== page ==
The stay will remain in effect until February 10, 2010, at which time a Commission vote will be taken to terminate the stay.

The stay does not apply to:


      Four requirements for third-party testing and certification of certain childrens products subject to:

            The ban on lead in paint and other surface coatings effective for products made after December 21, 2008;

            The standards for full-size and non full-size cribs and pacifiers effective for products made after January 20, 2009;

            The ban on small parts effective for products made after February 15, 2009; and

            The limits on lead content of metal components of childrens jewelry effective for products made after March 23, 2009.

      Certification requirements applicable to ATVs manufactured after April 13, 2009.

      Pre-CPSIA testing and certification requirements, including for: automatic residential garage door openers, bike helmets, candles with metal core wicks, lawnmowers, lighters, mattresses, and swimming pool slides; and

      Pool drain cover requirements of the Virginia Graeme Baker Pool & Spa Safety Act.

The stay of enforcement provides some temporary, limited relief to the crafters, childrens garment manufacturers and toy makers who had been subject to the testing and certification required under the CPSIA. These businesses will not need to issue certificates based on testing of their products until additional decisions are issued by the Commission. However, all businesses, including, but not limited to, handmade toy and apparel makers, crafters and home-based small businesses, must still be sure that their products conform to all safety standards and similar requirements, including the lead and phthalates provisions of the CPSIA.

Handmade garment makers are cautioned to know whether the zippers, buttons and other fasteners they are using contain lead. Likewise, handmade toy manufacturers need to know whether their products, if using plastic or soft flexible vinyl, contain phthalates.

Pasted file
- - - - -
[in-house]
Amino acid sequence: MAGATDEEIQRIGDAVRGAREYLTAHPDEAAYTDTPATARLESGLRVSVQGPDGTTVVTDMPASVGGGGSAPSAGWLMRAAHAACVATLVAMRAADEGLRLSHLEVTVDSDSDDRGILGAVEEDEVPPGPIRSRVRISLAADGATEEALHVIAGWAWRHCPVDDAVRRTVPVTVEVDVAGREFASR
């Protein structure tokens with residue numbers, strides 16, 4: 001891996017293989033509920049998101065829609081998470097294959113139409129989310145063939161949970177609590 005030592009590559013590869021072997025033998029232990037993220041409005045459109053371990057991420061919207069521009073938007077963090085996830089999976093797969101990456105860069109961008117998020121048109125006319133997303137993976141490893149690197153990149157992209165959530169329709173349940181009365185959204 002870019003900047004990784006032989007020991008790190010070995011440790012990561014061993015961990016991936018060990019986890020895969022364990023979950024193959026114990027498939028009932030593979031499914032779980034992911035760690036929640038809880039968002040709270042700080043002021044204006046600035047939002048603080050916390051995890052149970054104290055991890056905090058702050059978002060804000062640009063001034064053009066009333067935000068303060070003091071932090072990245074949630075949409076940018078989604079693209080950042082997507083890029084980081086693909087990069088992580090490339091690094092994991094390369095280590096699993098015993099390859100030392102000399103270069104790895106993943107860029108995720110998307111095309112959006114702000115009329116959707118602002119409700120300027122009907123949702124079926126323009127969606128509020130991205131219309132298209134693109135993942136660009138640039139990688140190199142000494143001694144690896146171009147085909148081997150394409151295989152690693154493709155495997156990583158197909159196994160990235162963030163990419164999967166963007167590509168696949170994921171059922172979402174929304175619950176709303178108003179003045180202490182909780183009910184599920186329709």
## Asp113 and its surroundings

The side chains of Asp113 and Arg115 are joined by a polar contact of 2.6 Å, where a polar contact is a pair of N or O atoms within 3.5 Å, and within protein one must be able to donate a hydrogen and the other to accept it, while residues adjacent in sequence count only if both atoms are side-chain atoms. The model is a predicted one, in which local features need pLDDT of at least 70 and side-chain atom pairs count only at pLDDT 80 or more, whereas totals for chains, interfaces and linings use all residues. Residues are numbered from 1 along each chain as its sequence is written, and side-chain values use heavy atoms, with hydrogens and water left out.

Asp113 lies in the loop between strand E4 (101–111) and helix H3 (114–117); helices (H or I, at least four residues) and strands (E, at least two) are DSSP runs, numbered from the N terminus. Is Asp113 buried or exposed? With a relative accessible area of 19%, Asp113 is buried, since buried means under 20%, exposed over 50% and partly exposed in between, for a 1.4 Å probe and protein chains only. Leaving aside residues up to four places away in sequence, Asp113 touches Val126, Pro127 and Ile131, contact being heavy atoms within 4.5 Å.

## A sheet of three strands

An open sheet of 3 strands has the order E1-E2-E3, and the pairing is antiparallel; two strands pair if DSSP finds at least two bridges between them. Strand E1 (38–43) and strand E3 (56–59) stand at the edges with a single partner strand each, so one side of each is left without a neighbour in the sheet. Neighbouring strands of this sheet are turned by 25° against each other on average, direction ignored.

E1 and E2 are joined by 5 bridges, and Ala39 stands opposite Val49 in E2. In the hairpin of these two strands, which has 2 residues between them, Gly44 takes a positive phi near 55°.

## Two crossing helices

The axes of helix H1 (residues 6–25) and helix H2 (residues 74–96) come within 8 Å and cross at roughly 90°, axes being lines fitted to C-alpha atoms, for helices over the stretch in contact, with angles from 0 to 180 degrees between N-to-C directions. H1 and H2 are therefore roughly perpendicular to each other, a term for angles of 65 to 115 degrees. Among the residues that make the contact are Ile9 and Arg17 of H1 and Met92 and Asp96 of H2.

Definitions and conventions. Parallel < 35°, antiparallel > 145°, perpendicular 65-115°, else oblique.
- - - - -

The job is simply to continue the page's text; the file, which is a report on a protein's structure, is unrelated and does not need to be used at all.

The stay of enforcement on testing and certification does not address thrift and second hand stores and small retailers because they are not required to test and certify products under the CPSIA. The products they sell, including those in inventory on February 10, 2009, must not contain more than 600 ppm lead in any accessible part. The Commission is aware that it is difficult to know whether a product meets the lead standard without testing and has issued guidance for these companies that can be found on our Web site.

The Commission trusts that State Attorneys General will respect the Commission's judgment that it is necessary to stay certain testing and certification requirements and will focus their own enforcement efforts on other provisions of the law, e.g. the sale of recalled products.

Please visit the CPSC Web site at www.cpsc.gov/about/cpsia/cpsia.html for more information on all of the efforts being made to successfully implement the CPSIA.

I still sell my clay crafts...email me if you are interested in ordering something. kishcrafts@gmail.com